First for Divorce – Then and Now

With Breeze and Wyles Solicitors Ltd celebrating its Centenary year we start to reminisce over the bygone years and wonder just how much things have changed and what our predecessors would make of the world today. 
We are in the service business of law, an area which even during the period that I have been practising has seen vast changes. Within family law this has included an increasing emphasis upon alternatives to court, changes to how child maintenance are calculated and the organisations able to deal with the same, the introduction of civil partnerships, legalisation of gay marriages and the introduction of the Single Family Court. 
However, when it comes to divorce, the rules and the procedure have largely remained untouched since before I was born. Current divorces are dealt with under the Matrimonial Causes Act 1973. This provides that a divorce petition can be presented to the court on the basis that the marriage has irretrievably broken down. In order to persuade the court that the marriage has broken down irretrievably the applicant must establish one of five facts; those are adultery, unreasonable behaviour, two years separation with the spouses consent, desertion and 5 years separation.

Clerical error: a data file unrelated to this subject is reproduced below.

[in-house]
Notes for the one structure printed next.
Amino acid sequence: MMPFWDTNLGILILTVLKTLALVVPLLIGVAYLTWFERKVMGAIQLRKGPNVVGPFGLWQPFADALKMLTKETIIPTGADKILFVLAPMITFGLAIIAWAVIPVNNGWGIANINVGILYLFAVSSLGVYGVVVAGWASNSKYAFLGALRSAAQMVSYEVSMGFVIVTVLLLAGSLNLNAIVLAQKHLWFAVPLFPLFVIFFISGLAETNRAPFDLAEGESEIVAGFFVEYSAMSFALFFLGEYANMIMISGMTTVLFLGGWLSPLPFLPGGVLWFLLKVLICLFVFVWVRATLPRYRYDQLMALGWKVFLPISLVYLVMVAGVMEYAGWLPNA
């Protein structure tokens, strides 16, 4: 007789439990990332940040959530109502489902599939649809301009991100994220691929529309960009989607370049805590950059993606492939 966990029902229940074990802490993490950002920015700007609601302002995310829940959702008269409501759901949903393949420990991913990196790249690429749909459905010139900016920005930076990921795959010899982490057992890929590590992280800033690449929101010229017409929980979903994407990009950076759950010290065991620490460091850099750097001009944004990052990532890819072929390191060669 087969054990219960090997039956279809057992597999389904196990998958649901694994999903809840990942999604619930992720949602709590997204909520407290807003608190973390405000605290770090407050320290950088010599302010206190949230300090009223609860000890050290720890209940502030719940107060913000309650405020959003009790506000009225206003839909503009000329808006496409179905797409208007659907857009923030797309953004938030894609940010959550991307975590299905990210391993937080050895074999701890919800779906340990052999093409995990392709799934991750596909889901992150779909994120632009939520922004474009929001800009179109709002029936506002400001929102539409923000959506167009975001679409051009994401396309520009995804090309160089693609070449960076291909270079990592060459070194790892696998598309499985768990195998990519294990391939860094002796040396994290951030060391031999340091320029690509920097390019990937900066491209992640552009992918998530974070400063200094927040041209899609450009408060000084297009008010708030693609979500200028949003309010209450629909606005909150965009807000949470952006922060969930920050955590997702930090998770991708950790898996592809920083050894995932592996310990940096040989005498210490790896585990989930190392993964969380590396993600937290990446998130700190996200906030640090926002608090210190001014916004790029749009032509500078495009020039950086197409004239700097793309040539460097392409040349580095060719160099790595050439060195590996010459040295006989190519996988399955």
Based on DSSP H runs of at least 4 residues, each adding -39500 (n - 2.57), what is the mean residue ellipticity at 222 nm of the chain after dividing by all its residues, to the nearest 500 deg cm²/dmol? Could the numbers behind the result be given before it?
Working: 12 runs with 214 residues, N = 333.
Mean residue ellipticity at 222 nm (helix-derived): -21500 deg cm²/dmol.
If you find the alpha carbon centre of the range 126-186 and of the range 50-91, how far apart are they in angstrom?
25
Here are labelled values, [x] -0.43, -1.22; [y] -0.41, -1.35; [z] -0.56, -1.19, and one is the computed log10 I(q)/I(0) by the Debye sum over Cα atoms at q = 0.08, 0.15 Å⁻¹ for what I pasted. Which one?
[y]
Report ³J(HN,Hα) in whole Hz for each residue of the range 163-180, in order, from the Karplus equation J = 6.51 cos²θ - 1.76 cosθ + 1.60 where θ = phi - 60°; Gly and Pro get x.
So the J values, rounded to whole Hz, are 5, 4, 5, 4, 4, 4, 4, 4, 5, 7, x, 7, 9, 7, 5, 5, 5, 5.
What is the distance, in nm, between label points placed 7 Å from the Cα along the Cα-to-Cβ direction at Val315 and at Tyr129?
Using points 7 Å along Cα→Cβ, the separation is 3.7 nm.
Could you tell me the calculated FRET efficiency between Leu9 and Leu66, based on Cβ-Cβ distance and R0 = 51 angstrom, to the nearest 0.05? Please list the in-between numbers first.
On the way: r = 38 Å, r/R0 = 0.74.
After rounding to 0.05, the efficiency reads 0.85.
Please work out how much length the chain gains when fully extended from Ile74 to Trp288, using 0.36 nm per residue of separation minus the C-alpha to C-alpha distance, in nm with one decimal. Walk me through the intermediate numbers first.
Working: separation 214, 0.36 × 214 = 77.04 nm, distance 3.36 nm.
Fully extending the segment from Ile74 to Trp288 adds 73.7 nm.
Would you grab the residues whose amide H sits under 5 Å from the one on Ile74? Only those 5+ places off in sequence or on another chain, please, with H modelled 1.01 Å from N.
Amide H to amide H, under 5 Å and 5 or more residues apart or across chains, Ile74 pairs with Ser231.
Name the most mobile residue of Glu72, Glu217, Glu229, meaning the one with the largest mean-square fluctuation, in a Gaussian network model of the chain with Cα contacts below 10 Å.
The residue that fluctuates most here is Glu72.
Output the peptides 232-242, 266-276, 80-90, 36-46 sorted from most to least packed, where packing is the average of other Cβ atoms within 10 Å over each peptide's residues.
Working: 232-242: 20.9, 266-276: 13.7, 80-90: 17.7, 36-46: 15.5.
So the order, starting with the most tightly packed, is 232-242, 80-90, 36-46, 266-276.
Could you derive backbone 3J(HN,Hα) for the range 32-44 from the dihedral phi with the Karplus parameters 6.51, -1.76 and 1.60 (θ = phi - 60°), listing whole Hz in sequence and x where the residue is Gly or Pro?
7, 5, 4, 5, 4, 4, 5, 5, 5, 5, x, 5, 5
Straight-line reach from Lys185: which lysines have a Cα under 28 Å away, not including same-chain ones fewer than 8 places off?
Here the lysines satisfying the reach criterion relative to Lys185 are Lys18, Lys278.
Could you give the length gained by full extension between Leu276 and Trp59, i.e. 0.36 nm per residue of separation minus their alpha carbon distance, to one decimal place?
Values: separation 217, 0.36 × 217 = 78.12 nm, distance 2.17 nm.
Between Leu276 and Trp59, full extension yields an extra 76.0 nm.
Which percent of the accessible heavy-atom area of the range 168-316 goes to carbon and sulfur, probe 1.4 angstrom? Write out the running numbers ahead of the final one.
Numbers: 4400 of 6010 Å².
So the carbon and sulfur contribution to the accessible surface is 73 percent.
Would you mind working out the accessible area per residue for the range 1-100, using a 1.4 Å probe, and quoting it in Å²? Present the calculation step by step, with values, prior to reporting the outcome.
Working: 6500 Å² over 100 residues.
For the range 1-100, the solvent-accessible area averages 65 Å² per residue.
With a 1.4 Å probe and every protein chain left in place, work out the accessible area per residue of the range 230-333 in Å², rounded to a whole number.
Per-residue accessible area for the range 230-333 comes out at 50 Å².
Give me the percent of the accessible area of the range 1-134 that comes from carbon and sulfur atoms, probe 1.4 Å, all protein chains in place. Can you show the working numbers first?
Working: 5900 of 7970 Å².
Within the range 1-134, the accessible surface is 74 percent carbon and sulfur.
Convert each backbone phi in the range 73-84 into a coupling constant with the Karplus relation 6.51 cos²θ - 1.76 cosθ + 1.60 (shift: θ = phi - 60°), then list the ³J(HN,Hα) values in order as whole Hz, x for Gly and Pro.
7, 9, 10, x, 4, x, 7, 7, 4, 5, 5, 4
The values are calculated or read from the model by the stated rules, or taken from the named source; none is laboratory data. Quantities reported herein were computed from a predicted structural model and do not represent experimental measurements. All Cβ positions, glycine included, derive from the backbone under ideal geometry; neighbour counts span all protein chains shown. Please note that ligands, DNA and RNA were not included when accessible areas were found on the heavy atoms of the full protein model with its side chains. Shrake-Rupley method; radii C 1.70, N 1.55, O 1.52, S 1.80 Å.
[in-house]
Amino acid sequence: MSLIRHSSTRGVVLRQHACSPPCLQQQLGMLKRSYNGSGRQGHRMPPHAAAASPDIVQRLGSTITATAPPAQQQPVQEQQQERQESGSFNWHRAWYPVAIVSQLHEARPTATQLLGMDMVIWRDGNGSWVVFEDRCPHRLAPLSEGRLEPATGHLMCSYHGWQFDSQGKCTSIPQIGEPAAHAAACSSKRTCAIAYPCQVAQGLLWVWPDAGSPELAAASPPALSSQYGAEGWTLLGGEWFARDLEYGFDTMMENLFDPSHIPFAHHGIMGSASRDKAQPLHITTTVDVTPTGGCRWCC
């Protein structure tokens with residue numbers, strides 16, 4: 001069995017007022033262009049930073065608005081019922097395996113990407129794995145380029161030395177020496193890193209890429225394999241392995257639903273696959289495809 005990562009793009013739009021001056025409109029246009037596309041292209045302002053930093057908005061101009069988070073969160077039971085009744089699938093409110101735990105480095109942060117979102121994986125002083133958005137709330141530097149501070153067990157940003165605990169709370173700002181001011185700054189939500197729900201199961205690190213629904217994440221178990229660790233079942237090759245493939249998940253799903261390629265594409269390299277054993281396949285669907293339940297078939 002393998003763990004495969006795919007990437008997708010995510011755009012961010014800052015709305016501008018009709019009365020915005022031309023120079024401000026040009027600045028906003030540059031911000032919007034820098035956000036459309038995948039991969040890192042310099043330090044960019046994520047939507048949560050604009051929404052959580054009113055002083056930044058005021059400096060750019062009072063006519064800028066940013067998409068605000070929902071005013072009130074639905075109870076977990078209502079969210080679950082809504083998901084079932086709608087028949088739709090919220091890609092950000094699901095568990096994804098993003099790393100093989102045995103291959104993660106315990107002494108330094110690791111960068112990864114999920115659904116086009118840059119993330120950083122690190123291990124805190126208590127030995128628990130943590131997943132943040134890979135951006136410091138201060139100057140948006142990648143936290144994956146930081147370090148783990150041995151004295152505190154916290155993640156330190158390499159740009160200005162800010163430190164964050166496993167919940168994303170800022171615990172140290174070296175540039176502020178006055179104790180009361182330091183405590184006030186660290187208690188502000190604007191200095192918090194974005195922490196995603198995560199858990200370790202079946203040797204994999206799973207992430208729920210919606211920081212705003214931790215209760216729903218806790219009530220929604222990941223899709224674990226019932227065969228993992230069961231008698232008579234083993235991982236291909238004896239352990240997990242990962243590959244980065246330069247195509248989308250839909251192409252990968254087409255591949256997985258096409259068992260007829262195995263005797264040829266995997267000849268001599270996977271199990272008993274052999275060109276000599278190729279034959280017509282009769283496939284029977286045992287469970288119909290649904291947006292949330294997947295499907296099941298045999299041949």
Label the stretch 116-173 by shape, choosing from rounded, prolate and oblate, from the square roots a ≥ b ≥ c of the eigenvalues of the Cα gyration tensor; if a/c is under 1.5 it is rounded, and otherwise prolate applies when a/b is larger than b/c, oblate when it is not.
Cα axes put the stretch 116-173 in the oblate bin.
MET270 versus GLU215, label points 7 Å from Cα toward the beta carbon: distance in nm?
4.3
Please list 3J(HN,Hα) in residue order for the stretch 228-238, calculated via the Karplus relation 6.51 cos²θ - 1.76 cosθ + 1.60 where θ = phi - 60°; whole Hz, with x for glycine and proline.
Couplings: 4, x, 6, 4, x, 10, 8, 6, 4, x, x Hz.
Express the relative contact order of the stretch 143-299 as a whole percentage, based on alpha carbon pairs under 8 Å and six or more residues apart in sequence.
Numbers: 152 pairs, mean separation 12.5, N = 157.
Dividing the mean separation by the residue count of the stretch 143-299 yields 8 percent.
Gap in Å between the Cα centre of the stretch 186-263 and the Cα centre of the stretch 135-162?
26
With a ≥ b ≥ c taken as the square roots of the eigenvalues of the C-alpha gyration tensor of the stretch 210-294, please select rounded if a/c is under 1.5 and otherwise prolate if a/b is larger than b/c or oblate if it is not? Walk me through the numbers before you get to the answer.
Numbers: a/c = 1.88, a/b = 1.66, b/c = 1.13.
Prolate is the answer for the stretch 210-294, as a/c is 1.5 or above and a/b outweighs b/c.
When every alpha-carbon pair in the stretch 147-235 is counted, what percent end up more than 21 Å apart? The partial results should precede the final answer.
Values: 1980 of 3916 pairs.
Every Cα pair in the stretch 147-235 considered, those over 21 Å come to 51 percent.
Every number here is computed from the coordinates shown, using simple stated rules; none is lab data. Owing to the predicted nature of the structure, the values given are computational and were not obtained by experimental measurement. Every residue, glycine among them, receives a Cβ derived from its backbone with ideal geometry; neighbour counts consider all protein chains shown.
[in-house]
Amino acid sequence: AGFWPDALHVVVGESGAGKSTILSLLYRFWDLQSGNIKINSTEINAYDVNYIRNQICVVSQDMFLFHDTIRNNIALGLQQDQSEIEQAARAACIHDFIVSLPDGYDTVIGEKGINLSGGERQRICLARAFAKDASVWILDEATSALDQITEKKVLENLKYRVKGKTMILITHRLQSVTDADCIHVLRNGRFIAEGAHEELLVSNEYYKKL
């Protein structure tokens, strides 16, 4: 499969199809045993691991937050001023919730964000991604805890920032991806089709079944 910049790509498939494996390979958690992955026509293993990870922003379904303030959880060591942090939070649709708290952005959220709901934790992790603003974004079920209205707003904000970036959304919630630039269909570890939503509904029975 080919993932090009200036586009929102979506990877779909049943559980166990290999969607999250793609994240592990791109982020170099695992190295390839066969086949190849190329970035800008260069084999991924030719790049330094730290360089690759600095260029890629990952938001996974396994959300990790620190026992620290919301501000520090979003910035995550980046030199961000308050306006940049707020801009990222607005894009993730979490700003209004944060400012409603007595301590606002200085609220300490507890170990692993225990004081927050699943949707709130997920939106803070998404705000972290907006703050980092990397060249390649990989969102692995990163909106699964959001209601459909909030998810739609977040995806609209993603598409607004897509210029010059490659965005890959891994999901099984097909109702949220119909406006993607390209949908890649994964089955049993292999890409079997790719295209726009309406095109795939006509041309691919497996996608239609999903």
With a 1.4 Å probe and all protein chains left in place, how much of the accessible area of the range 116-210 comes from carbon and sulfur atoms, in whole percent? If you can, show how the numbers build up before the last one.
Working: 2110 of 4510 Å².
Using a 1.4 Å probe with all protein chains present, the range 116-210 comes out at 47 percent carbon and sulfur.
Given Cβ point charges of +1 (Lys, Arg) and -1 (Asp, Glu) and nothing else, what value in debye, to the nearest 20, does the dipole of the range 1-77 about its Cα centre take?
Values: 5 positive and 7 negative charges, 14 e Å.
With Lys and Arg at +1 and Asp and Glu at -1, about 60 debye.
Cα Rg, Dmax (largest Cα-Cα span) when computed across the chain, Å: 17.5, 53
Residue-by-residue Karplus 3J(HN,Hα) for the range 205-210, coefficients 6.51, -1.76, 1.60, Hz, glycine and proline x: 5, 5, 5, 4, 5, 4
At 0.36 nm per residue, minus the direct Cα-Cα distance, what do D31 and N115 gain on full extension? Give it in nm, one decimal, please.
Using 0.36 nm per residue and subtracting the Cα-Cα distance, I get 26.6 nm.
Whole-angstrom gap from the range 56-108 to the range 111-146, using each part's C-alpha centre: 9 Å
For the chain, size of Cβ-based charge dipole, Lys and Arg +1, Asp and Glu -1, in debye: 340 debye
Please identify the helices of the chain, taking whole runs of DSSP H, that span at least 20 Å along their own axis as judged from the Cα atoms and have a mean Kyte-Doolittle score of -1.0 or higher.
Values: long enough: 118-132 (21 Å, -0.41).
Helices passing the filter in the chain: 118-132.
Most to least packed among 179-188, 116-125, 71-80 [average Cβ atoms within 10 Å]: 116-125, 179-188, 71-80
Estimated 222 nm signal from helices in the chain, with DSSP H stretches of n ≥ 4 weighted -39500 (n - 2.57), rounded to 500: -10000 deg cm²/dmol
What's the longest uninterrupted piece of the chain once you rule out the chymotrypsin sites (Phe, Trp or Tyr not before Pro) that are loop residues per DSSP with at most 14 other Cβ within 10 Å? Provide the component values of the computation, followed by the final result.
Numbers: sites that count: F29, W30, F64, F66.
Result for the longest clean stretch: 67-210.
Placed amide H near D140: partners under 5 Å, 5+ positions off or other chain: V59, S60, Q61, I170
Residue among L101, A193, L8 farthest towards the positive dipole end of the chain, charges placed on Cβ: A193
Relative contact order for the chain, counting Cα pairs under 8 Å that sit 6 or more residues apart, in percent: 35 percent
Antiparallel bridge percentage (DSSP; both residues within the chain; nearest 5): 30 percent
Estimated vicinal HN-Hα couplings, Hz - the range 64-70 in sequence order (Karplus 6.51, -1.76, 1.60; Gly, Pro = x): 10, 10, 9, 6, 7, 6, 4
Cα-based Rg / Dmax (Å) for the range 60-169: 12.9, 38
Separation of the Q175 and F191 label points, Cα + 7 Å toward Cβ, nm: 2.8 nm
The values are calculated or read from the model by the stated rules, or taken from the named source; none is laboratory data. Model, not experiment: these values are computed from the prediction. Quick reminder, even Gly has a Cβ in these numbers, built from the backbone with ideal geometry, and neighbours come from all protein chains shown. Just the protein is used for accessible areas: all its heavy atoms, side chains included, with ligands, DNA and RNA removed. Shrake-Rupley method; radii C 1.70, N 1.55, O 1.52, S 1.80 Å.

It is largely a paper exercise as a hearing is only required when proceedings are defended, which is rare, or when it is the Respondent and not the Applicant making the application for the final order (Decree Absolute). 
It is when you consider things over a much longer period that you realise just how much things have changed. In the 1800’s an unhappily married couple had just three options each controlled by the church. 
1) Nulity on the basis of impotence, insanity or incest. This rendered any children born illegitimate but the parties were allowed to remarry. 
2) Adultery, Sodomy or Physical violence allowed the parties to separate but they could not remarry. 
3) The parties separate and then sue for adultery. If successful the parties could then petition parliament for a divorce.